In other fields of psychology and health, N-of-1 studies have increasingly become more popular over the last 20 years or so, which is fantastic.I also think there’s a stronger need and demand, now, for more personalised medicine. There’s a huge — and there has been for a while — advocacy for personalising and individualising medicine, and taking more of an idiosyncratic approach to who we are. N-of-1 is ideal for this.

To answer the second part of your question, technology now makes it much easier to do the studies and much easier to view people at an individual level and treat them as one too. Because we have the automaticity and ease of collecting information via our phones, and other devices and activity monitors, it’s much simpler to have that moment by moment data collection. 

With new technology, the data collection can be done automatically, taking the burden off of the individual that previously would’ve had to somehow calculate and provide that information every step of the way. 


what are some of the negatives of N-of-1? Are there instances where it could never be used?

In research, the challenge of an N-of-1 research study is that you need to collect a large amount of data to be able to make strong conclusions that have the statistical evidence behind them. The statistics for N-of-1 are still developing, such as how we can combine data from different individuals to identify similarities and differences. People are also doing a lot of work to better understand the size of treatment effects in N-of-1s in the same way that group-based studies commonly report.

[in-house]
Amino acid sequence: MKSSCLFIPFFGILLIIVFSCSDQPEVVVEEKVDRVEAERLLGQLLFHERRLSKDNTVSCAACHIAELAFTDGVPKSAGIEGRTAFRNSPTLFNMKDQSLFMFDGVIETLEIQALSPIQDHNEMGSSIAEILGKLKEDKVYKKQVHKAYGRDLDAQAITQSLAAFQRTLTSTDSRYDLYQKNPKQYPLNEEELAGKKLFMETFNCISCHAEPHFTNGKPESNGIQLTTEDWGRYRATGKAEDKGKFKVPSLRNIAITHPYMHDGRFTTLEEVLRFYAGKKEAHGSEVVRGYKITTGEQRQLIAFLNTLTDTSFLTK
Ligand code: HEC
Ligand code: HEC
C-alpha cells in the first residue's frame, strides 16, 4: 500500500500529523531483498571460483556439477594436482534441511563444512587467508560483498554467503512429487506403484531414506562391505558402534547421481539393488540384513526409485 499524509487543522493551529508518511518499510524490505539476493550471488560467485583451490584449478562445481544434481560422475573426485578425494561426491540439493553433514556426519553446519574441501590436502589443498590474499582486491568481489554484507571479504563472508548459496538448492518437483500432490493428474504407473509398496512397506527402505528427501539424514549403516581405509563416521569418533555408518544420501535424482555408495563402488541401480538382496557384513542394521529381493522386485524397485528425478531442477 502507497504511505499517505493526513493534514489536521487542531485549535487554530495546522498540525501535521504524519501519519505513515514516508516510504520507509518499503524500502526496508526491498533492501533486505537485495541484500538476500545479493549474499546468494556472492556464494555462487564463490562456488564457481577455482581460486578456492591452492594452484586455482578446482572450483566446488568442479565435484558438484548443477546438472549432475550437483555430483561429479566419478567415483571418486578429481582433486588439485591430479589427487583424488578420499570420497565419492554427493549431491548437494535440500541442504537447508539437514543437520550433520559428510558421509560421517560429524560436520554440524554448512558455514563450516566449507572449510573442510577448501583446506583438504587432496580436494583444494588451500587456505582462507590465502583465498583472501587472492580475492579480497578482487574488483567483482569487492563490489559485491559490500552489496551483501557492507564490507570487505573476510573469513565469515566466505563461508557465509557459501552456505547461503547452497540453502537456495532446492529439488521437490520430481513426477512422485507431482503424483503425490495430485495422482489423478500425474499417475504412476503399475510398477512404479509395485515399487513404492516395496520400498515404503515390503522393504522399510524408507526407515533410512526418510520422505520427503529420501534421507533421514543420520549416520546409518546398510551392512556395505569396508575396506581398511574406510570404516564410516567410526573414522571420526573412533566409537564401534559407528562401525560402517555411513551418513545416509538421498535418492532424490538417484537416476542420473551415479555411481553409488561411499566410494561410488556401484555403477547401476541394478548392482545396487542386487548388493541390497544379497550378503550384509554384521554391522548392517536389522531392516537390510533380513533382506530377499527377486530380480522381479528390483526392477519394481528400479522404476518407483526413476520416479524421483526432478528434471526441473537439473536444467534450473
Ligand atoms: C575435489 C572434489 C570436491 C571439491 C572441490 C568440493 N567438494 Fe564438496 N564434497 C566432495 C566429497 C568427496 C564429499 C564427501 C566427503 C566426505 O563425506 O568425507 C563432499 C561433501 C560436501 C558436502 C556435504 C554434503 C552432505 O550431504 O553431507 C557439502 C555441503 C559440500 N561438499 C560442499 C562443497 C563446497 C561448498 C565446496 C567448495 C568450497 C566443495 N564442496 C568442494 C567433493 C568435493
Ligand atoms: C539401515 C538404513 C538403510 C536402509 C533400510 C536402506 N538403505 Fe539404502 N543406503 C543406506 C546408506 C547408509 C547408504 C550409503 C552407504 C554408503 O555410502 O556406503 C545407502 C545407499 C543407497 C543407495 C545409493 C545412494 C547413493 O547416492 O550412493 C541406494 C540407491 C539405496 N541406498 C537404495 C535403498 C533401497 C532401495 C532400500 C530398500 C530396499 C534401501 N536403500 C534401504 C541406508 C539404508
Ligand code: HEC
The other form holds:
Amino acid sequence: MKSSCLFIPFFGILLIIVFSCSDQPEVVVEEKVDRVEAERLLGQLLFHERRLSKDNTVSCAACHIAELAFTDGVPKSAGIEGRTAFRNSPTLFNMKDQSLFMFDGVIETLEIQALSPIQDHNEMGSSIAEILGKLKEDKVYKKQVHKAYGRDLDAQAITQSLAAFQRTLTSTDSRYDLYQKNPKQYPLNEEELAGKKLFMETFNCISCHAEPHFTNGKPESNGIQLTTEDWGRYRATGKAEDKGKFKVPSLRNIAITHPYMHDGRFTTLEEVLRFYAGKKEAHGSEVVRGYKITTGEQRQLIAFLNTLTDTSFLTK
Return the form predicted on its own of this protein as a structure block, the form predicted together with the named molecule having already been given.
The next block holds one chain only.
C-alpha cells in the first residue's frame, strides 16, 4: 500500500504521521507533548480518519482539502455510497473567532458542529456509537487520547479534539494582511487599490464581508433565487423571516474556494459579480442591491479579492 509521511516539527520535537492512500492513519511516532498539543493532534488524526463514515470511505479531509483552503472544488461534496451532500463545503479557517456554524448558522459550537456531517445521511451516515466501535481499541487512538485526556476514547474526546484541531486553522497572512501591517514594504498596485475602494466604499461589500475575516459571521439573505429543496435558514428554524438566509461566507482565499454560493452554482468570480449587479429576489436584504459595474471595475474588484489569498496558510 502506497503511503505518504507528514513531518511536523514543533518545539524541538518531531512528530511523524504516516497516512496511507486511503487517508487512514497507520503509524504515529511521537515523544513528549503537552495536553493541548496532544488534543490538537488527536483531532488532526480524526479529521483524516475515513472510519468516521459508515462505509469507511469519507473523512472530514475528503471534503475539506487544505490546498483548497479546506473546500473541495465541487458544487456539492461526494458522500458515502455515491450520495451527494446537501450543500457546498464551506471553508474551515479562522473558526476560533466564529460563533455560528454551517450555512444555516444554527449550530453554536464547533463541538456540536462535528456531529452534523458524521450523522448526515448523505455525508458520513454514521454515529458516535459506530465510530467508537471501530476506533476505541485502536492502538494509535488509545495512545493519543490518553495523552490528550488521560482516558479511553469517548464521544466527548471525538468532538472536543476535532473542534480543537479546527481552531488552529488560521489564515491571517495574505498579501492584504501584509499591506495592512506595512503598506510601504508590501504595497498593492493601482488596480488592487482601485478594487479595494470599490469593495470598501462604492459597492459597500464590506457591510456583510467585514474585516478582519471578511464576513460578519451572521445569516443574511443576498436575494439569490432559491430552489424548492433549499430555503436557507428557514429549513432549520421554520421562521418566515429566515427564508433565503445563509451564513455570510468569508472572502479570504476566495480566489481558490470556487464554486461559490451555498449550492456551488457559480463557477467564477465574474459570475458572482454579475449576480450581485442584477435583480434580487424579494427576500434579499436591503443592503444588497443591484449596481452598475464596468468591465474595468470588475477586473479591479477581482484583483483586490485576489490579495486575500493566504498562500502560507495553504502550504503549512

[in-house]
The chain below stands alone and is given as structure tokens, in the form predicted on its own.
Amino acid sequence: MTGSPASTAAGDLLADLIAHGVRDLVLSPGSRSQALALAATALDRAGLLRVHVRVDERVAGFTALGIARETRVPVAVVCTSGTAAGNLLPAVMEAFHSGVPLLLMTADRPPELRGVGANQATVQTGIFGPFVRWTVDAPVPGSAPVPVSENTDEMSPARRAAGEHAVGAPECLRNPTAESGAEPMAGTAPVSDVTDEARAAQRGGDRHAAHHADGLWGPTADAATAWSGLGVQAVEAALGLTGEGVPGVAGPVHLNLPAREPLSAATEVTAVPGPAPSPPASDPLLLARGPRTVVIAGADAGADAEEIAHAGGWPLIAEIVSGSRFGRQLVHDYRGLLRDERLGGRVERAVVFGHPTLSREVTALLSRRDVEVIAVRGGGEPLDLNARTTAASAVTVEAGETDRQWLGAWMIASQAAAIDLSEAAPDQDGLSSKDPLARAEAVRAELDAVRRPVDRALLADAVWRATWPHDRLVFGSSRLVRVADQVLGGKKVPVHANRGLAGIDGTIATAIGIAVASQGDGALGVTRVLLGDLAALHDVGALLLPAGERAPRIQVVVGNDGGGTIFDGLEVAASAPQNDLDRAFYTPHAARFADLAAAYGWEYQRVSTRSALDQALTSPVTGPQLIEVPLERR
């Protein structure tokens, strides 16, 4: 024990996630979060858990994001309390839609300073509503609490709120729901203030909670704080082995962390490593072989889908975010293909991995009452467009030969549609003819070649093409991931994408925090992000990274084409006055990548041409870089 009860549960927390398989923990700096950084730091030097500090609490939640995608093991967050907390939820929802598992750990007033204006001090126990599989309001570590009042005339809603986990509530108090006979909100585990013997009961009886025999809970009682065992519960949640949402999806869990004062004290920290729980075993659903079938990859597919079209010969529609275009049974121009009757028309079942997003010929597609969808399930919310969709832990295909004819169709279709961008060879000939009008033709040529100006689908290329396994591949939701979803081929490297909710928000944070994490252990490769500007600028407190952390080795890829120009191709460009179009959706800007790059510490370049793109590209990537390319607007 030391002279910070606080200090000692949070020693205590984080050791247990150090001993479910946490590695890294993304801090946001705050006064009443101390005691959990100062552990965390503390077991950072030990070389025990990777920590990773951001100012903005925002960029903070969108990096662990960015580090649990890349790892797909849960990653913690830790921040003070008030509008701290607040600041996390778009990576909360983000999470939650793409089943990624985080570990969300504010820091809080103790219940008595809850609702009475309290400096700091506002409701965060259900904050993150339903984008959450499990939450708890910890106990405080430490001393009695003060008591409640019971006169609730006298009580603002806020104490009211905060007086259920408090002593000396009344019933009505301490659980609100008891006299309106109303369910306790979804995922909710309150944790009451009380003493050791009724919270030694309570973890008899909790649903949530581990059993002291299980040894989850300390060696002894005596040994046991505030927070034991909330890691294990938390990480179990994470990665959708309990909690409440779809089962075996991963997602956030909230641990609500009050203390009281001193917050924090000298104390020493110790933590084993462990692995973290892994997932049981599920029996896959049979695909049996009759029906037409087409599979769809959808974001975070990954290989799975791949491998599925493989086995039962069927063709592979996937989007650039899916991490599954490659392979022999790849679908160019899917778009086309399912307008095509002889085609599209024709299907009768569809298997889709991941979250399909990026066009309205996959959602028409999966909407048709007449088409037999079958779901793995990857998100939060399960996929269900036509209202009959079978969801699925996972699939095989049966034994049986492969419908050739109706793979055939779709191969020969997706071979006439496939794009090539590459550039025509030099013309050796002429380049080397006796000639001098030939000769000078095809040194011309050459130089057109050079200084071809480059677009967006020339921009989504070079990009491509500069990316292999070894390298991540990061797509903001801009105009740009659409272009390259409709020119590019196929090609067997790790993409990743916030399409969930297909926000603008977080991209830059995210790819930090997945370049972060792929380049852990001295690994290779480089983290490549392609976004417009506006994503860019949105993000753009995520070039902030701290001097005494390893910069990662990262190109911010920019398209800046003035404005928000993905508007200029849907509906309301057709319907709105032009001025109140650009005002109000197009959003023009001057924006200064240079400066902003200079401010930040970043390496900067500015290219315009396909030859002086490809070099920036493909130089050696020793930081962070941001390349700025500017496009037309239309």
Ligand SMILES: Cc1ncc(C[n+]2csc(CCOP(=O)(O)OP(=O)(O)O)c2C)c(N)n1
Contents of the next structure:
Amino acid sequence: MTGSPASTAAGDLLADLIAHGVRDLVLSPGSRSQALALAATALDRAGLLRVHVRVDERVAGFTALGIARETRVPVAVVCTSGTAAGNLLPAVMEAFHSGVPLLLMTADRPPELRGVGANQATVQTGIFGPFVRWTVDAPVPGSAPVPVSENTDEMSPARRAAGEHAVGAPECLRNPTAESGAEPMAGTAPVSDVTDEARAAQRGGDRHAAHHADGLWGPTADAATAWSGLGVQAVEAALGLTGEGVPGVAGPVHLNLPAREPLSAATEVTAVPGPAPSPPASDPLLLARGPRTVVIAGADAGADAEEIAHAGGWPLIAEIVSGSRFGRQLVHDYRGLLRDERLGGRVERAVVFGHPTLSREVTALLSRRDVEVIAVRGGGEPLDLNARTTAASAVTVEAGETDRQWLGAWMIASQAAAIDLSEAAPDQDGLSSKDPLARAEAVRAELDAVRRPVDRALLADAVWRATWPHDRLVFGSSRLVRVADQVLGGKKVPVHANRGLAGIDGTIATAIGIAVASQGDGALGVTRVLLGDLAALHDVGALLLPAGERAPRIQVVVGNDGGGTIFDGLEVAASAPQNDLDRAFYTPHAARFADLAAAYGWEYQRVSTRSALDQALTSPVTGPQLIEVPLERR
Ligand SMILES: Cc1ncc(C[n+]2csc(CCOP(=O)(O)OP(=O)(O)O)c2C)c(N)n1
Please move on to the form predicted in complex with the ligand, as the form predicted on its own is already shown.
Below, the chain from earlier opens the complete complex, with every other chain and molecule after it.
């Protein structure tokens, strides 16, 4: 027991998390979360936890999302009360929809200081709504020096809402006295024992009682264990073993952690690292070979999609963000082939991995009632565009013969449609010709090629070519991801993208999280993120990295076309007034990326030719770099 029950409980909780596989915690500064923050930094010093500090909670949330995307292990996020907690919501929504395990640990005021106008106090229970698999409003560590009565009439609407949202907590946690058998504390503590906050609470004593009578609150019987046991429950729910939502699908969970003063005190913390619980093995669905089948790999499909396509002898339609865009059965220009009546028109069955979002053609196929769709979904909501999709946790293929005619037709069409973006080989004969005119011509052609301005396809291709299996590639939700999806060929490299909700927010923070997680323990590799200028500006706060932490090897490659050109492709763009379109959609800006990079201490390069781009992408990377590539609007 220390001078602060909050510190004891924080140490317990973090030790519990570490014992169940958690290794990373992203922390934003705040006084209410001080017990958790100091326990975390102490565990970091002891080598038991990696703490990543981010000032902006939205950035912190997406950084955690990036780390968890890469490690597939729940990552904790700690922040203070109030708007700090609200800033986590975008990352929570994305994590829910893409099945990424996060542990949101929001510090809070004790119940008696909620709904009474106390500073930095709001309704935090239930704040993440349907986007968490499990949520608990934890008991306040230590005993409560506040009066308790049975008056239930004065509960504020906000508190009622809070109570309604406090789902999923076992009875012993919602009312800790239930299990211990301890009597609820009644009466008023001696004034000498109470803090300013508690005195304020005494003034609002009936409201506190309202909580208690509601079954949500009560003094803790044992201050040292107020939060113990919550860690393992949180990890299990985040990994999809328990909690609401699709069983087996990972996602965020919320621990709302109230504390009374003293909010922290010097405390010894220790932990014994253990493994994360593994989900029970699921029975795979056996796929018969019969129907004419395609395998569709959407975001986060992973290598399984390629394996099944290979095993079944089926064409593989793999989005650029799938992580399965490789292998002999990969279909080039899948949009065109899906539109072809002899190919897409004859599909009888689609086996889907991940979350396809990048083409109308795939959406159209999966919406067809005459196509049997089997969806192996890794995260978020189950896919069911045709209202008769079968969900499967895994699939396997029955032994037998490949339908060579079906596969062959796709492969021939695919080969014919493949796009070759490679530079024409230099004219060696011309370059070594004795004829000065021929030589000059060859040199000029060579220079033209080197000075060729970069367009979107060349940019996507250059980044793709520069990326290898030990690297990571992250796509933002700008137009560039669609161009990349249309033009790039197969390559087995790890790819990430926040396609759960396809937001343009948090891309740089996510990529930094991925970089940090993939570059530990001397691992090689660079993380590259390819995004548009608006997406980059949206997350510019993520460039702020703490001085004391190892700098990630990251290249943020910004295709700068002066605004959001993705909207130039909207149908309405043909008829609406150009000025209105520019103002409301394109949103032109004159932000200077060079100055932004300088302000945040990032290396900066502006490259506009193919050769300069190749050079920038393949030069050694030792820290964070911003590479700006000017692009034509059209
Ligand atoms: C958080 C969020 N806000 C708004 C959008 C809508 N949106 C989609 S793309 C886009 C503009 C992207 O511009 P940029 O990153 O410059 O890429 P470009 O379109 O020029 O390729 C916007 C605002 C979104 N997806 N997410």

In clinical practice, I think you can’t provide an entirely individualised approach in certain circumstances. For example, a health professional might not have the time to collect data on an individual over a period of time in order to determine which treatment may be best. Sometimes there is an urgency to treat someone so the health professional has to give the treatment that they think will be the best, from their clinical experience of treating others and the scientific evidence. 

In the same way, policy decisions about whether to implement a new healthcare service are more likely to be based on population level data that indicate that the large majority of people within a given population will benefit from the new service. Therefore there will always be a need for large group-based studies.

But, ideally, even within a randomised control trial - which is said to be the gold standard study design to determine effectiveness of a treatment by randomly assigning people to either receive the treatment or to receive something else - you could embed a series of N-of-1s. It would be an excellent way to understand what’s happening on a deeper, individual level, giving you data that you wouldn’t otherwise have had and that may really help to explain some of the findings.


N-of-1 at sofi

Typically, when a product in human health is created, it is made for the herd. It’s not specifically for any one of us. One hundred people are put in a study group and another hundred in a control group. One group is given the product, and the other placebo to see what happens. The goal is to find a product that works for some people, most of the time.

What sofi does differently is that we break that single study of 100 people into one hundred studies of one person. Our sample size is at the “N-of-1” level – you.

sofi’s “statistical brain” learns to predict how you feel and how you sleep based on your specific experience with a particular plant. In other words, instead of relying on randomised controlled trials to tell us what might work for an average person (which may not be that representative of you), we look specifically at you — and the data points we collect via our app — to make the main expert of remedying your problems with plant-based medicine, ultimately you.